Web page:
Rennie Harris is one of the most sought-after hip-hop choreographers today. Growing up in Philadelphia, PA, he danced with several crews, including The Step Masters and The Scanner Boys. He started teaching at 15, and continues to teach hip-hop technique and history around the world. This year marks the 15th anniversary of Harris’ Illadelph Legends Festival, the longest-running festival of its kind, as well as the 20th anniversary of his company, Rennie Harris Puremovement (RHPM), which is known for critically acclaimed works like Rome & Jewels and Facing Mekka. In 2007, Harris founded a second company, Rennie Harris Awe-Inspiring-Works (RHAW), to educate and mentor young dancers. Harris has also set works on ballet, modern and jazz companies, including Pennsylvania Ballet and Alvin Ailey American Dance Theater. —Komal Thakkar
I’m writing from 2012 to share some advice with you.
Rennie Harris in Sixth Grade
Think about the harmful situations you’ve allowed yourself to be in. It’s OK to say no! You don’t have to do what others do to be considered “cool.”
When introducing yourself, begin with “I am.” Be sure to look people in the eyes when speaking to them. Be honest, even if it’s uncomfortable.
Seek the input of those who have experience in your field. You can’t do everything by yourself. And don’t be afraid of structure. It’s a “guide-line,” not a “God-line.” You can go off the path as long as you get back on it eventually.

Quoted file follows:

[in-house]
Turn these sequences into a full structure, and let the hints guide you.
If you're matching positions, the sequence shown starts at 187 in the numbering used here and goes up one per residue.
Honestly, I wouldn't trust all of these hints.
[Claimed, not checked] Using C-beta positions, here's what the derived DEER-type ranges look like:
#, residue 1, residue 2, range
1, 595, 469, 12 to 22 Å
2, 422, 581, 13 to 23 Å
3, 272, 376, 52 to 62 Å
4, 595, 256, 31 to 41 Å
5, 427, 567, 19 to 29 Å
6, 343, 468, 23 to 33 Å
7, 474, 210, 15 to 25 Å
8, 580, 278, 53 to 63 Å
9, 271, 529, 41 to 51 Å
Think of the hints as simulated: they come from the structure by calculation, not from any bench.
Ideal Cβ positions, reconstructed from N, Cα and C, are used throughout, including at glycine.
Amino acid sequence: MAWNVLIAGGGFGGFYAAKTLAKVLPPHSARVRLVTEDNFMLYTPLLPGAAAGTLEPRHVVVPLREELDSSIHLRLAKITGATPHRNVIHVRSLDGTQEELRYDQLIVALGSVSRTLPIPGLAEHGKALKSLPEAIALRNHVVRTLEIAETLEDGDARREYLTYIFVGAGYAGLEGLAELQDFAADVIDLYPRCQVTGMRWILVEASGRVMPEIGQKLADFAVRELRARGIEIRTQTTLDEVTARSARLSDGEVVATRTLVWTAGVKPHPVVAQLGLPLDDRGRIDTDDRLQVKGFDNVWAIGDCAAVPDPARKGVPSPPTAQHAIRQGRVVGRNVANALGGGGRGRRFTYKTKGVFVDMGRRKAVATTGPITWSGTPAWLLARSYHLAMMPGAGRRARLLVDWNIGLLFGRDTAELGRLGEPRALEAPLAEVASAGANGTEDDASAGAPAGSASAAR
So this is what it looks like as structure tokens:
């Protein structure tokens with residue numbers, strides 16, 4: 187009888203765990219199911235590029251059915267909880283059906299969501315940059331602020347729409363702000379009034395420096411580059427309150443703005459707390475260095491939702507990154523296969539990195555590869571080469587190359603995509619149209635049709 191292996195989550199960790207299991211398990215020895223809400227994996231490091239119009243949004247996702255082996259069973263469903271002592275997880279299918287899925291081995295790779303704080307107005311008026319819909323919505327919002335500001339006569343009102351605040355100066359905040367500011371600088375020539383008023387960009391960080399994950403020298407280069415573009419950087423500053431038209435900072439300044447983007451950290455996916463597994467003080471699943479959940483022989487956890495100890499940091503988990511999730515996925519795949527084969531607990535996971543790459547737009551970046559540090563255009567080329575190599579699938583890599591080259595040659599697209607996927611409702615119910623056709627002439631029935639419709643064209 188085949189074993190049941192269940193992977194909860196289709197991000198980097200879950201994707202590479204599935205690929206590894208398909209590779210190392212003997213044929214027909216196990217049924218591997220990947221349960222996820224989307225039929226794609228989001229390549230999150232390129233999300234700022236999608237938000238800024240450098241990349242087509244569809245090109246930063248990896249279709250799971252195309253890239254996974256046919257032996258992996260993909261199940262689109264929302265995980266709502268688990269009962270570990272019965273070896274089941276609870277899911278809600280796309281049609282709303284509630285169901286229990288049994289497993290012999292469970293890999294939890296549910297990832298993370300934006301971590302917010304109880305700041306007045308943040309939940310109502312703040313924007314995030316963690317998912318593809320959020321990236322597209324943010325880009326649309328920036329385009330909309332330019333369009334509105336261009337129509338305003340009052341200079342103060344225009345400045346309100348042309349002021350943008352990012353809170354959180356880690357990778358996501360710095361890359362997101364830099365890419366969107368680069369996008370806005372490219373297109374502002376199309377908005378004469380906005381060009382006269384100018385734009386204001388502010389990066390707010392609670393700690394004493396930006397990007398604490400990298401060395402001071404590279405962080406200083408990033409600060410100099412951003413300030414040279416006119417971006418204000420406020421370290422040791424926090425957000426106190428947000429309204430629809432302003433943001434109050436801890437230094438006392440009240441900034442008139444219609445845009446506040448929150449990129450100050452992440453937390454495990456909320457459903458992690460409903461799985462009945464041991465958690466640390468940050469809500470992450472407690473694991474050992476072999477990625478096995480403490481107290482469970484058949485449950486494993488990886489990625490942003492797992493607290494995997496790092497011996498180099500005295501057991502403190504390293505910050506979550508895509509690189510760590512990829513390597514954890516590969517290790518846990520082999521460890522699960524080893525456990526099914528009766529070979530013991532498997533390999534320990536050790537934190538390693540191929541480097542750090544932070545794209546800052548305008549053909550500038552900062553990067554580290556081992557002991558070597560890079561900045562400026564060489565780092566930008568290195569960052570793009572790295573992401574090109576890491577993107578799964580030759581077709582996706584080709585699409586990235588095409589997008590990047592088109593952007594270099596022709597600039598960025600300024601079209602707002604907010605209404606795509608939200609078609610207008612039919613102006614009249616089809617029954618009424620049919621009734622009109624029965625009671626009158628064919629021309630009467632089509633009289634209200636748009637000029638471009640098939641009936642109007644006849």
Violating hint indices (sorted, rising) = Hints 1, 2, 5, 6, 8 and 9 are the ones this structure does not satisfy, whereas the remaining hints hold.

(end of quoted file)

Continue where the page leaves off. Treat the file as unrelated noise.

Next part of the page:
As a choreographer, make sure to create when you’re inspired—and find a choreographic mentor. Both will keep you from wasting time in the studio.
Most importantly, always remember: Movement is the manifestation of your reality. It’s not what you say but what you do that confirms you. Reality is defined as what is tangible, what we can see and feel. For example: The shirt you have on right now was once someone’s idea, but it required a physical action—sewing—to make that idea into reality. All your dreams can manifest if you take action. Don’t get lost in talking about it. Do it!
(From left) Darriel Johnakin, Diego Pasillas, and Emma Sutherland (all photos by Erin Baiano)
Dance Spirit's 2019 Cover Model Search finalists: Darriel Johnakin, Diego Pasillas, and Emma Sutherland! One of them will win a spot on Dance Spirit's Fall 2019 cover. Learn more about the dancers by clicking on their names here:
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When it comes to injury-prone body parts, knees reign supreme for dancers. But a little strengthening can go a long way in preventing painful outcomes. We turned to Dirk Hartog, a physical therapist with Westside Dance Physical Therapy in NYC, for three exercises that'll support and stabilize your knees.
James Whiteside (Jayme Thornton for Dance Magazine)
Say you're perpetually impeccable designer Thom Browne. Say you're planning your Spring 2020 Paris menswear show along a "Versailles country club" theme. Say you want a world-class danseur to open the show with some kind of appropriately fabulous choreography.
Who do you call? James Whiteside, of course. On Saturday, the American Ballet Theatre principal—wearing pointe shoes and a glorious pinstriped tutu—kicked off Browne's presentation at the École des Beaux-Arts with a 15-minute, show-stealing solo. Whiteside choreographed the piece himself, with the help of detailed notes from the designer.